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Ormond Beach Observer Wednesday, Jun. 22, 2022 3 days ago

FDOT wants to fix dated U.S. 1 and I-95 interchange in Ormond Beach

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Also in City Watch: Ormond Beach residents create new civic engagement group.
by: Jarleene Almenas Associate Editor

The Florida Department of Transportation is seeking public input on improvements to the I-95 and U.S. 1 interchange in Ormond Beach.

A Project Development and Environment study is underway to evaluate safety improvements to the interchange, which was designed and constructed in the early 1960s and some of its original elements, such as the median openings and vertical clearance of the I-95 bridges over U.S. 1, no longer meet current standards. And as FDOT predicts traffic will increase by over 40% by 2050 on I-95 and more than double on U.S. 1 with the build-out of nearby Plantation Oaks and Ormond Crossings — which could build about 2,950 residential units —  improvements are needed.

The study also includes improvements one mile north and one mile south of the interchange, and determined U.S. 1 must be widened from four to six lanes between Plantation Oaks Boulevard and Destination Daytona Lane.

An open house held on Tuesday, June 21, which included a video presentation, presented three alternatives to the public: 1) keeping the existing interchange, 2) replace the existing interchange with a “diverging diamond interchange,” or 3) replace it with an “offset intersection interchange.”

According to the presentation, the diverging diamond alternative would consist of three 12-foot travel lanes and a 14-foot shared paths in both directions to serve pedestrians and bicyclists. The offset intersection alternative is similar, but instead of three 12-foot travel lanes, it would have two 11-foot travel lanes and an outer 12-foot lane in each direction.

The biggest distinction between the two new interchange options is the ramps. The diverging diamond alternative “reduces or eliminates conflicts between left-turning vehicles, thereby enhancing the capacity to make left turns, and minimizing traffic back-ups at intersections.” A video of how a diverging diamond interchange works is available at https://bit.ly/3xImTxO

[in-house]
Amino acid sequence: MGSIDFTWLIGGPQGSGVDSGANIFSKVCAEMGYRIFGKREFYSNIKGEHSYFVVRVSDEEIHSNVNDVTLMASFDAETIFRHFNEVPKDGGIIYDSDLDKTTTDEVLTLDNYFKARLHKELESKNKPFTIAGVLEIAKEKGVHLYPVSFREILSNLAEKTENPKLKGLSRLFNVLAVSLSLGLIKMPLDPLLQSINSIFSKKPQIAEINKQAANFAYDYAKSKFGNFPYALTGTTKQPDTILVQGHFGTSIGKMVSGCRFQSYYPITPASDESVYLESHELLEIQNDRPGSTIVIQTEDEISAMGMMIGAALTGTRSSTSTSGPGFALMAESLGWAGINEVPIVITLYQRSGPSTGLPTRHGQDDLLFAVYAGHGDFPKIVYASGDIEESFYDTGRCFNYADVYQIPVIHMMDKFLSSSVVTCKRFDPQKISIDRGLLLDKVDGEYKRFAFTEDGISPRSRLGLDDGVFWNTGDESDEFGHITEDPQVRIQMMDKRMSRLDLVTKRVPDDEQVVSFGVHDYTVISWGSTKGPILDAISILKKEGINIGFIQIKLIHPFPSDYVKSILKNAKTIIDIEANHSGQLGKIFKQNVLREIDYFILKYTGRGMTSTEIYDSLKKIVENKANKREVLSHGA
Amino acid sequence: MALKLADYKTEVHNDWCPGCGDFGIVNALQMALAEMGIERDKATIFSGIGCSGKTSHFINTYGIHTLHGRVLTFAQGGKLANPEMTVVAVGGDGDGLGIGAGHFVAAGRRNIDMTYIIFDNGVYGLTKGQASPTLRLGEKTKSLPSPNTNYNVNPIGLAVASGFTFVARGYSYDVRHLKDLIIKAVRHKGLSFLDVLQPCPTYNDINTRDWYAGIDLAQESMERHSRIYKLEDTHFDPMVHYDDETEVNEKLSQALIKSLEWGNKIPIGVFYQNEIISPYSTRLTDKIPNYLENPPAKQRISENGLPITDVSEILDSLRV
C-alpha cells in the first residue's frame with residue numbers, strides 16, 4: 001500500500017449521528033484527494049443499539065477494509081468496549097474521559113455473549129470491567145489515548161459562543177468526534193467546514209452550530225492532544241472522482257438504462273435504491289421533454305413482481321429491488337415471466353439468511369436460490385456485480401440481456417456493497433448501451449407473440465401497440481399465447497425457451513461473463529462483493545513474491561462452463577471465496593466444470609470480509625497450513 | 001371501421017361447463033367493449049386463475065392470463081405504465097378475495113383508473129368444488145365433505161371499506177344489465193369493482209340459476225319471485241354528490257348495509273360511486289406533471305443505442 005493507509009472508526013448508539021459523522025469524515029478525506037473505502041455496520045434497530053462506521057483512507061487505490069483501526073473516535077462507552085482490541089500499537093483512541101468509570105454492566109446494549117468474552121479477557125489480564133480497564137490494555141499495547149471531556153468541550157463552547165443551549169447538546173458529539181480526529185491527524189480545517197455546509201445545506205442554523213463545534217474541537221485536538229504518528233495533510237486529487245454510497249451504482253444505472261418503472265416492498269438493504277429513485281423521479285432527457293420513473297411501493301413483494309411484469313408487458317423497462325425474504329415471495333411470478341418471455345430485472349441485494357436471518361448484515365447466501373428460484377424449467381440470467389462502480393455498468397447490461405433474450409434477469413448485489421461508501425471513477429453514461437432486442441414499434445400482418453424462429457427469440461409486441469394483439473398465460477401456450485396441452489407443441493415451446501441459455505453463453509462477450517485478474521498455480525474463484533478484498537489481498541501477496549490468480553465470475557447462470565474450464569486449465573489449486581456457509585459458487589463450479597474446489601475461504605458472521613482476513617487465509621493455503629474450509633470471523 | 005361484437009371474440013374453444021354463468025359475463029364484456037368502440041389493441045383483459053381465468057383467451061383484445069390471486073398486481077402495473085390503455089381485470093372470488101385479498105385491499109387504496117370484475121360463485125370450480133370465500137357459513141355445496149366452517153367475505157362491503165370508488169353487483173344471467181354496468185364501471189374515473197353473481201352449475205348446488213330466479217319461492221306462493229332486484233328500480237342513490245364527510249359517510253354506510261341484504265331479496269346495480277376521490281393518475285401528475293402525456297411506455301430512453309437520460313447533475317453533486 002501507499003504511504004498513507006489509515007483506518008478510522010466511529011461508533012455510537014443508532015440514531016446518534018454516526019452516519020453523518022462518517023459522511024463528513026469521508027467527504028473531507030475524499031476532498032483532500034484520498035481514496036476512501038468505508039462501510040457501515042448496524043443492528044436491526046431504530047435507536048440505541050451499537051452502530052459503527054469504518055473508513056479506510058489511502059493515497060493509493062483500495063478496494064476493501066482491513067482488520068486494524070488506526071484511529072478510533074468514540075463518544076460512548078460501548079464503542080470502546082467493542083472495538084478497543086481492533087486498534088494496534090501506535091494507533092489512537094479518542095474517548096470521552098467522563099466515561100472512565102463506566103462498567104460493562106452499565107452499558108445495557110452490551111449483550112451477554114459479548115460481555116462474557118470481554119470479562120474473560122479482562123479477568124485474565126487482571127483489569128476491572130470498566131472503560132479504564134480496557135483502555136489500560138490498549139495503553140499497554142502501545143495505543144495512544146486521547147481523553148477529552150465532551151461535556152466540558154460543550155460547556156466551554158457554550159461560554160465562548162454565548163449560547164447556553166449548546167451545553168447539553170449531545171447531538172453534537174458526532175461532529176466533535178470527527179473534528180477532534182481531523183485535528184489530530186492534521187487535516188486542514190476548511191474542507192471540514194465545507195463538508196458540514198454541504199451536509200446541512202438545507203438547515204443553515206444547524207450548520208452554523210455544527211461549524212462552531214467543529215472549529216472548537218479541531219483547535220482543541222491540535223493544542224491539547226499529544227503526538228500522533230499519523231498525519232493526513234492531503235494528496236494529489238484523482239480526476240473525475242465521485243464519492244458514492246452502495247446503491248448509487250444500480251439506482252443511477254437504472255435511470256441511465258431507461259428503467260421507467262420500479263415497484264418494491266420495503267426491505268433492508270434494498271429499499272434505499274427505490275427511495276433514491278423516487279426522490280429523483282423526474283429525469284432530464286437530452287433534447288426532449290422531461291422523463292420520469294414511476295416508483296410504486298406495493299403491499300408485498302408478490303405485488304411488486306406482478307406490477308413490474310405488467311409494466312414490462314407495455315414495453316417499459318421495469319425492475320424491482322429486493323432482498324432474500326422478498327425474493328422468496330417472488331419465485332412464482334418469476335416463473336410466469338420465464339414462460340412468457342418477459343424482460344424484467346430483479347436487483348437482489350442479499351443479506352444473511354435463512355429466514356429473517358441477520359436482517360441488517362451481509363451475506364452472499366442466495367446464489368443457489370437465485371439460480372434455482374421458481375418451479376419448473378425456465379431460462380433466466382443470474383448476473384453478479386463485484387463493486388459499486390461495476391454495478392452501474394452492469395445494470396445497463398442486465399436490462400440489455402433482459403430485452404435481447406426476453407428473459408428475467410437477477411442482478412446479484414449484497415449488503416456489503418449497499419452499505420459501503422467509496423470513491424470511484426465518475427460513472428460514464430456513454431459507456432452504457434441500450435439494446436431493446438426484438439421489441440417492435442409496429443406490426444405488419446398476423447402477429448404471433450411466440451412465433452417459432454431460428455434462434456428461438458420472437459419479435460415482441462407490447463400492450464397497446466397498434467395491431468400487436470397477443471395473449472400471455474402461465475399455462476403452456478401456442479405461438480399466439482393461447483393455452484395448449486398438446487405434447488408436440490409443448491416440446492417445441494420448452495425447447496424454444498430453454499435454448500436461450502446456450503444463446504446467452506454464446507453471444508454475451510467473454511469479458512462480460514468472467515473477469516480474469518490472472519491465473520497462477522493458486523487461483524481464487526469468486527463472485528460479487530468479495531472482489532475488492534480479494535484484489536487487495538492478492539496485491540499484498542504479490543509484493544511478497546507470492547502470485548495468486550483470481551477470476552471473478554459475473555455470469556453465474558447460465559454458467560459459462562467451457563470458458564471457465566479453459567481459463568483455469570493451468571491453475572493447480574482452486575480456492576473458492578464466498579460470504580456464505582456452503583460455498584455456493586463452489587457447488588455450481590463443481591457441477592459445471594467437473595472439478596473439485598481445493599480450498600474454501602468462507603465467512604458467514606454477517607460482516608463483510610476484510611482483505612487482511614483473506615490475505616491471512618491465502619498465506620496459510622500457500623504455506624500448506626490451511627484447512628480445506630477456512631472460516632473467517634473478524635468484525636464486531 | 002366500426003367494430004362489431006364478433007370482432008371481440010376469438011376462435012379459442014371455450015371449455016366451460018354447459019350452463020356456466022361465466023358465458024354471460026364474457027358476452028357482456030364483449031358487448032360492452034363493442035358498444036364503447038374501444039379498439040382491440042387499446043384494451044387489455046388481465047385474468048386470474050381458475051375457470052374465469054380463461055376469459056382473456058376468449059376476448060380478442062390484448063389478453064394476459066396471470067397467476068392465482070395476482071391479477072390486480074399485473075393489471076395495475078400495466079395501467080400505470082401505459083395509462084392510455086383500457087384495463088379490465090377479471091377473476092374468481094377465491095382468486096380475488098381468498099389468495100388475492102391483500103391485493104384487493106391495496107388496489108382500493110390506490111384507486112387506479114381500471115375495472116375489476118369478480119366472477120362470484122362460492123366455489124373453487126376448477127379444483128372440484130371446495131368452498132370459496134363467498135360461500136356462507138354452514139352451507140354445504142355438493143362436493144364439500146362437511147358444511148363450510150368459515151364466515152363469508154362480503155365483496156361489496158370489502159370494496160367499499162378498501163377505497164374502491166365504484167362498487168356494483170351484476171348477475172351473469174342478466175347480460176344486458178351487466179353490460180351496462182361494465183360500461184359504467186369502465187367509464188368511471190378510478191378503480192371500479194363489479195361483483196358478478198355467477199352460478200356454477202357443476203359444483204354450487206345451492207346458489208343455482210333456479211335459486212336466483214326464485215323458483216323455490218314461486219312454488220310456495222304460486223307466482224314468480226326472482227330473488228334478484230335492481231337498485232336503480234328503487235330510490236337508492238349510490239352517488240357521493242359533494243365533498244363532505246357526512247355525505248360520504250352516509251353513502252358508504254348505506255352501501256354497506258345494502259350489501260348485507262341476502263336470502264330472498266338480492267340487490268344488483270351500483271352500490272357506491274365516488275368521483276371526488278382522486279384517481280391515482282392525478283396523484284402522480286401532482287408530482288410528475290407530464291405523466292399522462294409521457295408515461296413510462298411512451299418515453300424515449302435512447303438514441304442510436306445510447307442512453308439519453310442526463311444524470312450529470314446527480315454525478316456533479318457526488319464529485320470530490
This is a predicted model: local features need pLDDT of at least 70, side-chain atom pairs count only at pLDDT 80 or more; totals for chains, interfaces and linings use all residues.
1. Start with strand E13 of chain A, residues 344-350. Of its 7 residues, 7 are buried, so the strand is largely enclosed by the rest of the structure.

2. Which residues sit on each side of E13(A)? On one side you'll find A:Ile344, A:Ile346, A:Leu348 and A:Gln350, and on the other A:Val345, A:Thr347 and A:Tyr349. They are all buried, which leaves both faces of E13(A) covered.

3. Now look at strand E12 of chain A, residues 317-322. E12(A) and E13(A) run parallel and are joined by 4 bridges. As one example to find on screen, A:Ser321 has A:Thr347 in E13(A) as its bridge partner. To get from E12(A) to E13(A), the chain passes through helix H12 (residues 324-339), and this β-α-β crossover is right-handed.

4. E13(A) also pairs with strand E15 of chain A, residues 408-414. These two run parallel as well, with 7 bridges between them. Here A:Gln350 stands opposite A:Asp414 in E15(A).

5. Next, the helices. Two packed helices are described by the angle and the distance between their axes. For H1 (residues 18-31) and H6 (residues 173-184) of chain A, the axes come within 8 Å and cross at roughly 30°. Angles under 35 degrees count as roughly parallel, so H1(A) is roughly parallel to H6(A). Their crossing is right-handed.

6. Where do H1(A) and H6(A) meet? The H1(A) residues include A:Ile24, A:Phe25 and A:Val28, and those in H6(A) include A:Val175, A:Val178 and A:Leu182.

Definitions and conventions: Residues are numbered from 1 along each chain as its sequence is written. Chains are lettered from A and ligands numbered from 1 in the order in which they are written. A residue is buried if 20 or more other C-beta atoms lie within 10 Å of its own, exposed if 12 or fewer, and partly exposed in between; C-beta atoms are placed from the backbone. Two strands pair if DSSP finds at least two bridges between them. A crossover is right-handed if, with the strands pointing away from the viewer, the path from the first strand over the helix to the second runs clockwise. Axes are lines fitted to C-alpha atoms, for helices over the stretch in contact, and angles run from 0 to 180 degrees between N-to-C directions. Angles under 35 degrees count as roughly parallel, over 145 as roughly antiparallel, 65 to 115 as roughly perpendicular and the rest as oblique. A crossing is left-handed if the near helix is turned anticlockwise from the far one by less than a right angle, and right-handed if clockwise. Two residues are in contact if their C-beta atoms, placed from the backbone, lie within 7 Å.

FDOT stated that the offset intersection alternative would include a new southbound exit ramp that bridges over I-95 to connect with U.S. 1 at a signalized intersection, parallel to the I-95 northbound entrance ramp. New direct ramps would be built on the south side of the interchange to serve the movements to and from the south.

The study began in summer of 2021 and is scheduled to be completed in fall of 2023. FDOT plans to hold a public hearing on the preferred alternative in spring of 2023.

To view the presentation, visit cflroads.com/project/419772-2

A map showing what the offset intersection alternative would look like at the U.S. 1 and I-95 interchange. Courtesy of FDOT

 

Free training for health care facilities

Volusia County Emergency Management will be putting on a series of free training sessions beginning in July to assist health care facilities with the filing of their state-mandated disaster preparedness plans.

Local emergency management agencies are then required to approve the plans, according to a county press release. About 167 health care facilities in Volusia County must adhere to the mandate. In February, the County Council approved a plan review fee. The fee will take effect on Oct. 1.

The three-hour training session will be conducted at the Emergency Operations Center at 3825 Tiger Bay Road in Daytona Beach.

The dates are:

  • 9 a.m. to noon, Monday, July 11;
  • 5:30-8:30 p.m., Wednesday, July 20
  • 9 a.m. to noon, Monday, Aug. 8.
  • 5:30-8:30 p.m., Thursday, Aug. 18
  • 9 a.m. to noon, Monday, Sept. 12
  • 1:30-4:30 p.m. Wednesday, Sept. 14

Register at bit.ly/3y4rfjd

Locals create new group for civic engagement

Ormond Beach residents Linda Williams and Bill Denny, creators of Civil Discourse and Common Ground, are forming a new civic engagement group titled, “Let’s Create...It.”

“Why form a new group, and what is the difference in this and others?” the press release reads. “We will not be talking about the past and what has already happened.  We will be concentrating on what a diverse group of people want for Volusia County. What type of communities do we want to create and grow and how do we begin?”

The concept grew out of a conference organized by the Volusia County Association for Responsible Development, led by Kerry Karl, who brought together developers, realtors, environmentalists, government officials and others to discuss growth and development.

The first meeting is scheduled for 7 p.m. Monday, June 27, and will be on Zoom. If interested in attending, email [email protected]

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